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Retro Review : Teenage Mutant Ninja Turtles



Konami - NES 

When most gamers talk about the retro TMNT  games, we always talk about how much we loved TMNT4:Turtles in Time for the SNES, but we often over look the first 3 Konami titles.

Why? Well, because they weren’t all that good…..

TMNT 2 for the nes was fun, but the Arcade version was way better, and 3 felt a little dull and repetitive. They were still fun games, but they weren’t balanced for 1 person play, and even with co-op the difficulty curve was steep. This goes back to a problem that a lot of arcade ports had in the retro years. The problem was that the ports often had limited continues and lives. So, unlike in arcades where if the game beat your ass, you just dropped in another quarter and picked up from where you died, with consoles when you died, it was back to stage one. 

Now, the difference between TMNT 1 and its 2 NES sequels was that it was a 2D action side scroller, not a beat um up.  

 
 

In the game, you were able to switch on the fly between the 4 turtles; each wielding their trademark weapon. Leonardo’s Katanas had decent range but were a little slow. Michelangelo’s nunchucks had medium range and fast speed. Raphael’s Si’s were very short range but had extreme speed, and my personal fav Donatello’s Bo was a bit slow but had great reach and was twice was strong as the other weapons. You also could find a number of side weapons throughout the game from random enemies. You had ninja stars (1 or 3 star bursts), flying blade attacks and boomerangs.  

Tip - The boomerang was the only sub weapon that came back to you when used and if you wanted to split them up between the brothers there is a little trick. You can throw up to 3 at a time, so once you throw them press start and switch to another turtle. The boomerangs will return to the new turtle and he will now be able to use the ones he catches himself.

One of the things that I really enjoyed about this game was the graphics. The sprites were very clean and well detailed for the most part ( some enemies were a bit blurry, mainly the Mousers), and the overall style of the game was really nice. Cool enemy designs, and nice level detail and use of color made the game very visually pleasing. The game also switched between an overhead view for the exploration bits and vehicle sections (seriously, driving around in the Turtle Van was boss) to the standard side scrolling play for the action and boss sections. I also loved the soundtrack for the game. The music was really catchy and had a nice energy to it. 




Now, this is the problem…the game sucks. The game was just poorly designed. The levels were confusing, many of the buildings didn’t need to be entered to progress and are just there to lead you into a huge fight that left you with no reward. The game also had this habit of randomly changing the types of enemies that you fought. To explain what I mean, the game had 3 sets of basic enemies. There was the Purple team (foot clan, Mousers, flies, etc), the Yellow Team (ufo like enemies, strong chainsaw psychos, fire monsters that split into smaller fire monsters,and crouching ninjas that were invulnerable while crouching) and the Douche team ( dive bombing moths, frog mutants, bomb balloons and enemies whose heads flew off and attacked you in diagonal sweeps once you hit them). The first few stages mainly used the Purple team, which were medium strength enemies, but from there on the games would throw the other 2 enemy types at you and often switched the types mid level. These other 2 teams are all very strong enemies with very different attack patterns, and the fact that they change at random makes it impossible to prepare for the next scene.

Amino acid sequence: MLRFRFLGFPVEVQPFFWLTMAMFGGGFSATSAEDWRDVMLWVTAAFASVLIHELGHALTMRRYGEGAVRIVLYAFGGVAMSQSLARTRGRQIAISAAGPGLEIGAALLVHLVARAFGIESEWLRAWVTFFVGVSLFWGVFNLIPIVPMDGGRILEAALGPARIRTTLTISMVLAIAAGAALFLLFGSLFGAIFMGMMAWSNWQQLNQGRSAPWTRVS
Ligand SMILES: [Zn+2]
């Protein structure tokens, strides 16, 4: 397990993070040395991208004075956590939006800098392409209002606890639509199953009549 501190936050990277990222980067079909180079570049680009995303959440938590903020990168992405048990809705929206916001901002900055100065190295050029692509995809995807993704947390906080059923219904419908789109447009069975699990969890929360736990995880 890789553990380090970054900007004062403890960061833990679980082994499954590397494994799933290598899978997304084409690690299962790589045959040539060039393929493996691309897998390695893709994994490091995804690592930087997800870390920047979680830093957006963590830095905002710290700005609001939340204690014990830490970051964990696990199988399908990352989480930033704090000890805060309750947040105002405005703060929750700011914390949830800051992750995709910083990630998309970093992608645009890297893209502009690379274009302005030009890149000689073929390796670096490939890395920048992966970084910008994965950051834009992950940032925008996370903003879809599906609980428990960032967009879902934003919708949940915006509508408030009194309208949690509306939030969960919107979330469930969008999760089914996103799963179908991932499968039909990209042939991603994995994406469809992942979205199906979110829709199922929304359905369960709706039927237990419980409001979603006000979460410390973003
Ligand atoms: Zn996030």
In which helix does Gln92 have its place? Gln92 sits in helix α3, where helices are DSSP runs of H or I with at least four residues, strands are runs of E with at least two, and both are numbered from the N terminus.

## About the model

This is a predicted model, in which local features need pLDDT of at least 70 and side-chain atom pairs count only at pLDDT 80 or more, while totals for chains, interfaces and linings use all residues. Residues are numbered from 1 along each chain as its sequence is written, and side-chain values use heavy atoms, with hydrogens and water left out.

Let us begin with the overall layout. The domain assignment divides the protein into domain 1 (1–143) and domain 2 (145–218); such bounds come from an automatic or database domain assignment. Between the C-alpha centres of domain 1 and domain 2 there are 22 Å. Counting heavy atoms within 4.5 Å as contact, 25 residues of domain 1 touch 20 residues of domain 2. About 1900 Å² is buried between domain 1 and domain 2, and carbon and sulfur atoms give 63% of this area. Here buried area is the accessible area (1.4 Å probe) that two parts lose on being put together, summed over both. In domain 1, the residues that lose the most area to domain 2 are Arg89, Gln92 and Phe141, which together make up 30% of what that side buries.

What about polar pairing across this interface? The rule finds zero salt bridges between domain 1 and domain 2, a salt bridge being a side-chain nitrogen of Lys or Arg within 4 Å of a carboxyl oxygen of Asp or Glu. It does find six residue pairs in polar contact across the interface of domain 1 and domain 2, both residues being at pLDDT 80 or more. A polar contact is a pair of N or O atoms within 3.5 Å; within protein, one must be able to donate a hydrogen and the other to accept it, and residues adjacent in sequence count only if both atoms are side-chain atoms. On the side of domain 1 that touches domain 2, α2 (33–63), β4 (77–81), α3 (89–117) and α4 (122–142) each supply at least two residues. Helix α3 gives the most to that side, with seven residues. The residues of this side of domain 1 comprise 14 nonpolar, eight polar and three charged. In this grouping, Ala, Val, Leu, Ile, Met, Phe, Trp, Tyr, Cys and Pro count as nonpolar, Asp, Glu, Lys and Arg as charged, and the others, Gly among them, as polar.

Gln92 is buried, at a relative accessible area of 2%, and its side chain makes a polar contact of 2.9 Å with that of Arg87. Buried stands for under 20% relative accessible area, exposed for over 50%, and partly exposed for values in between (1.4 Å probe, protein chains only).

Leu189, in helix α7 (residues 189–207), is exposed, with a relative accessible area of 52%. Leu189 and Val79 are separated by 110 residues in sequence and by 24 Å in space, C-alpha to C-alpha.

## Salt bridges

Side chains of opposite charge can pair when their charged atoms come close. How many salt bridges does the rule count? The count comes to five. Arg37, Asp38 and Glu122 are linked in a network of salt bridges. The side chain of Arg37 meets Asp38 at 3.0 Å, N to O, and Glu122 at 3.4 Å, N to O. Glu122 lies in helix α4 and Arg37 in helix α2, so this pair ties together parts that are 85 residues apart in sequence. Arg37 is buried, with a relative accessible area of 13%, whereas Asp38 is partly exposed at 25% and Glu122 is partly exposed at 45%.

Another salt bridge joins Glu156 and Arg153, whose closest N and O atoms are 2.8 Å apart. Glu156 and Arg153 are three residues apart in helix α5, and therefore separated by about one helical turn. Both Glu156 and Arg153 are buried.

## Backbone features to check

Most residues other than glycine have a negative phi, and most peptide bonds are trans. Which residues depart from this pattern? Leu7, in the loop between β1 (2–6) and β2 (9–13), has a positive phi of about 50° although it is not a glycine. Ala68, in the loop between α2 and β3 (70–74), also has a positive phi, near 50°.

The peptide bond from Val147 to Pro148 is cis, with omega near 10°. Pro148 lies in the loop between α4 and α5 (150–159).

Also, going back to level designs for a moment, there was this one level that has become infamous with retro gamers.  
 

Oh yeah….that one.

Now, if you don’t know what I’m talking about, after beating the first 2 midbosses Rocksteady and Be-Bop, you went on a mission to defuse some bombs that threatened to blow up a dam. This level is hated by many, and is so infamous that a homage to it has been put in a new Wiiware/XBLA download called Retro City Rampage, because of the obstacles that are set between you and the bombs.  

Electrified seaweed tunnels, instant kill vines, electrified beams, spinning bars, and the biggest obstacle of all, the awful swimming controls. This level haunted my childhood. I actually played the game so much as a kid that I eventually was able to navigate the level taking almost no damage, but this level is still too this day one of the cheapest things I have ever encountered in gaming.

The rest of the game wasn’t much easier. If you were actually able to make it all the way to the Technodrome, you will find jetpack enemies that hover just above your reach and continuously pepper you with gunfire, and long lines of other projectile firing enemies that make victory more luck then skill.

And honestly, I don’t even wanna talk about how completely insane and nonsensical the ending cut scene is… 

Tmnt for NES isn’t the worst game on the system by far, and it can still be fun to play, but suffers from so many little problems and sloppy design that it often becomes too tedious to enjoy. It’s sad, since that game had some really cool ideas that if properly applied could have made a great game. Much like other NES titles from Konami like Simon’s Quest and the Metal Gear ports, the good is just far too outweighed by the bad. Although the games introduced some original and interesting concepts that were often used in later games to great success, the games themselves just felt incomplete. 

If you ever get the chance, give it a play. It’s still a neat game and you may have some fun with it, but really, no rush guys. I wouldn’t make playing this game anytime soon a top priority. 

 

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